By: K.M. Weiland
You can’t write a good setting without a good description. That’s the way it rolls. In written literature, what is setting if not description? How do you convey it without description of some sort? For something so relatively intuitive, setting descriptions can end up being surprisingly tricky to detail effectively.
For one thing, you have to be able to perfectly visualize the setting in your mind (yay, Pinterest!). For another, you have to be able to choose only the most pertinent details and then—hardest of all—organize those details into some kind of coherency that will allow your readers to share your perfect visualization.
(And we won’t even get into the fact that you first have to choose settings that are relevant, interesting, and thematically pertinent. Oh, and accurate.)
Today, let’s examine each of these possible pitfalls and how they might be rendering your setting descriptions less effective than they could be.
3 Ways to Ruin Your Setting Descriptions
1. No Filter on the Details
If you’re like me, you have a cinematic imagination (when I was young, I called the stories I imagined “my movies”). You see every detail of your settings in larger-than-life Technicolor (complete with light filters and slow-mo when necessary). Quite admirably, you want to share that vivid sensation with readers, down to the very last detail.
So you write something like this:
Rose tiptoed into Max’s office. Now where would he keep top-secret spy gadgets?
The room was perhaps thirty feet square, the walls a serene shade of blue somewhere in between a springtime sky and a robin’s eggshell. The carpet was two shades darker.
A monstrosity of an executive desk sat in the middle of the room, in front of the floor-to-ceiling windows, curtained in velvet that looked to be two shades darker itself. Behind the desk, an eerily empty leather-padded chair stood guard over the humming black HP computer with its 36-inch touch-screen monitor. A printer, a scanner, three phones, even a fax machine filled up one side of the desk.
Bookcases lined the walls, crammed so full that hundreds of extra books had to lie sideways along the shelves’ front edge. Above the bookcases, fully a dozen framed photographs glinted from behind glass: three diplomas, five awards, two pictures of family, and one of a fluffy cat.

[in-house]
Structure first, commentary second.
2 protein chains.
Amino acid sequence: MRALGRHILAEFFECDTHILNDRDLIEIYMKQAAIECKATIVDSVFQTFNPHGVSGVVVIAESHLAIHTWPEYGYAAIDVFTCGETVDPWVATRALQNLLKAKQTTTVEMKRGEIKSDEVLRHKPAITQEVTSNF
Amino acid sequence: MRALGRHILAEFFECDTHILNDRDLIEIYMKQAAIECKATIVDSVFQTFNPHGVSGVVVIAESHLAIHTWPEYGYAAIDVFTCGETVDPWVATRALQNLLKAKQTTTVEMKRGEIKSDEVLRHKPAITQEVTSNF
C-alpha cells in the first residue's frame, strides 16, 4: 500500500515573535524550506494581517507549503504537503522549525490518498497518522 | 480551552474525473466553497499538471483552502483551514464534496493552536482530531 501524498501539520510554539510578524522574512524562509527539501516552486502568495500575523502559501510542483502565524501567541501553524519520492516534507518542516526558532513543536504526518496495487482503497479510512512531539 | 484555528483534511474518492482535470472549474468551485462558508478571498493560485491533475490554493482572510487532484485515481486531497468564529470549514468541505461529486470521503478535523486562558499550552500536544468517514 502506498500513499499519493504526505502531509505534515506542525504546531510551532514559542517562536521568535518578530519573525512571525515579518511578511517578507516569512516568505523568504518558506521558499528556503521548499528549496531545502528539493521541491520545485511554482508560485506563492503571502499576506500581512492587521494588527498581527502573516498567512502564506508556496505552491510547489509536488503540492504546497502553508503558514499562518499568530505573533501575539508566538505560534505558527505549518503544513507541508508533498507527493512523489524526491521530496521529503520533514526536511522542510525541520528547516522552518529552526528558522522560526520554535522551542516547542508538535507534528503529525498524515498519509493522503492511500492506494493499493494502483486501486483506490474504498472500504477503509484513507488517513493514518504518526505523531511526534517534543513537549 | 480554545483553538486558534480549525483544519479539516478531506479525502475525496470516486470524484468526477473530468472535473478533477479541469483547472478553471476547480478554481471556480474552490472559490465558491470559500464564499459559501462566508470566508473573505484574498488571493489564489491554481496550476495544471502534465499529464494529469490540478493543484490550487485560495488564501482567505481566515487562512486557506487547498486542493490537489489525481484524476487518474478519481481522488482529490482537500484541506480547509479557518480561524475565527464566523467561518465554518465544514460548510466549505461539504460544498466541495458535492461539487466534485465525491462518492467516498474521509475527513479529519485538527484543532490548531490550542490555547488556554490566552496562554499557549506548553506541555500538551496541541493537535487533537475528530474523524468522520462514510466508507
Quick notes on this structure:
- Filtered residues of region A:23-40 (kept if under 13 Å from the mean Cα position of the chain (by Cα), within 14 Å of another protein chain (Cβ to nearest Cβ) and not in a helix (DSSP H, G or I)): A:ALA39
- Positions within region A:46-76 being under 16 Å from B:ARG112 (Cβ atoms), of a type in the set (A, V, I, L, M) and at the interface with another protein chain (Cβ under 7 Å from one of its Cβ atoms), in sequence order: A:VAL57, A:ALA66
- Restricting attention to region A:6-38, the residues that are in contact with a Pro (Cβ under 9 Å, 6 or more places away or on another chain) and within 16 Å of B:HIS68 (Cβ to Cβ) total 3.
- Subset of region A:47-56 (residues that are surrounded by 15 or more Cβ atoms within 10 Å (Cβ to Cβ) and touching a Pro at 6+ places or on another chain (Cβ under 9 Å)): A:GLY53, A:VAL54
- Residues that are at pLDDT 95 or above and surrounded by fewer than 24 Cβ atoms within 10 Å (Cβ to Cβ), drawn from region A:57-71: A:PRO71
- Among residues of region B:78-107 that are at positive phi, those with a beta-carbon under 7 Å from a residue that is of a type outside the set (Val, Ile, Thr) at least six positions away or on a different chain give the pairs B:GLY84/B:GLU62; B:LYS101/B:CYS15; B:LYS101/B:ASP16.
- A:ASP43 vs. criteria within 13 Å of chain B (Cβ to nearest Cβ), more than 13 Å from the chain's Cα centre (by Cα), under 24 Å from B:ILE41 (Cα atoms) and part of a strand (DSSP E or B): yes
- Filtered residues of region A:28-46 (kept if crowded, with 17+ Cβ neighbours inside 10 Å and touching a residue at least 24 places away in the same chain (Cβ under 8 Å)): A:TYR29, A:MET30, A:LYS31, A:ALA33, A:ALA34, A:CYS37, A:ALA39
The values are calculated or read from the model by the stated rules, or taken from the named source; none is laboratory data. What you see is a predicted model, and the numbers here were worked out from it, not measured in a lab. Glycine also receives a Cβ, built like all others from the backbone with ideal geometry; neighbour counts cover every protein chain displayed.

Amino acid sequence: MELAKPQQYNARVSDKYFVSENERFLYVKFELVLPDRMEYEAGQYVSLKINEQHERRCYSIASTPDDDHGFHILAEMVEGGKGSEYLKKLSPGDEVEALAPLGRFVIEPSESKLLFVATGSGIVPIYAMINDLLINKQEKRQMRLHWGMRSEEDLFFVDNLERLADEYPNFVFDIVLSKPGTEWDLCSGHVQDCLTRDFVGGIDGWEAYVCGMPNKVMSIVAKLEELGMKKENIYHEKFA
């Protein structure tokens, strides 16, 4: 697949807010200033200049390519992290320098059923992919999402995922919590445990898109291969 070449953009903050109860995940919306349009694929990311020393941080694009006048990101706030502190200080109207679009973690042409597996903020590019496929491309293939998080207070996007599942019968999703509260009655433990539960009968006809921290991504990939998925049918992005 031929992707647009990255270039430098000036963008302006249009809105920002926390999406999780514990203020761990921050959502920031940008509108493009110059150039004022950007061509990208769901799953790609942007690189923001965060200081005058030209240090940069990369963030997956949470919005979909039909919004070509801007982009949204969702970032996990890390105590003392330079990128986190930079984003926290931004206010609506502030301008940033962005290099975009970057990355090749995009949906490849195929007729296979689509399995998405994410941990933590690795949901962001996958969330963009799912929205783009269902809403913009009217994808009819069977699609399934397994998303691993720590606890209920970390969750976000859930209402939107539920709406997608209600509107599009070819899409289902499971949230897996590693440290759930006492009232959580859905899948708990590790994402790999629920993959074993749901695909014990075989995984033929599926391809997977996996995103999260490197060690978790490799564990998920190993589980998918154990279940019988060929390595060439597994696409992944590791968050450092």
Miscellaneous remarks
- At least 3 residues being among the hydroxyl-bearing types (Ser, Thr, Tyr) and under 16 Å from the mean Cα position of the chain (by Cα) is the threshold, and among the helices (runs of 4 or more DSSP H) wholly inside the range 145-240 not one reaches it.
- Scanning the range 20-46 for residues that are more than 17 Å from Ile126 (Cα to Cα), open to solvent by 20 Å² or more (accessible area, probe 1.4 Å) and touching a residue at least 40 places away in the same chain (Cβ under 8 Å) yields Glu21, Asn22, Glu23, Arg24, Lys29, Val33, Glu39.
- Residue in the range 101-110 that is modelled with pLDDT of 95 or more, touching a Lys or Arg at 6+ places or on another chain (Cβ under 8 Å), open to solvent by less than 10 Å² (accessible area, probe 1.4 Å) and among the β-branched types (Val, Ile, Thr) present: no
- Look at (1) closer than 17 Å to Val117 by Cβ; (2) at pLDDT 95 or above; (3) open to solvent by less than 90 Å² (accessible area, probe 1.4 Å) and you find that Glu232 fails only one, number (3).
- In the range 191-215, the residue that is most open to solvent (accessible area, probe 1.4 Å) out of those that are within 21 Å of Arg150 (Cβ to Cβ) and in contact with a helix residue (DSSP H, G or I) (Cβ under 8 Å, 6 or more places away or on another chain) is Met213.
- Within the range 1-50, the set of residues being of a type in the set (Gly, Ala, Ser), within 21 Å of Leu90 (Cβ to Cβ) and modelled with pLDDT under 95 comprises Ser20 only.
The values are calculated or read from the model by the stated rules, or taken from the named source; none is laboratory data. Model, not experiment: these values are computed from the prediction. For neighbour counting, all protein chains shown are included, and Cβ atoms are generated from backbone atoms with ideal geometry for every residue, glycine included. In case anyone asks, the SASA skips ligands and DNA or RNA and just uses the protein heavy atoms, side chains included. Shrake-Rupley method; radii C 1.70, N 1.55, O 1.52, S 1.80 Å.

The back of room, near the door, was tastefully crowded with overstuffed furniture: a couch, two glass-topped end tables, three gorgeously comfortable leather chairs. Flowers in blue and purple cut-glass vases wafted scents of rose and jasmine from every corner.
Ready for some action yet? This isn’t a terrible description. It definitely creates a detailed picture of the office. It even offers a few interesting insights into Max. But it’s also excruciatingly long (and I’ve seen ones that are even longer!). Readers were ready for Rose to find the super-secret spy stuff after the first paragraph.
Even worse? This much detail at the wrong time, in the wrong place, can actually end up stunting your readers’ ability to evocatively visualize the scene. The most powerful descriptions are those that give readers the tools to build their own settings, rather than force-feeding them the author’s vision, detail by detail. All you need are a few well-placed telling details to help readers see the whole scene at a glance.
2. No Organization of Details
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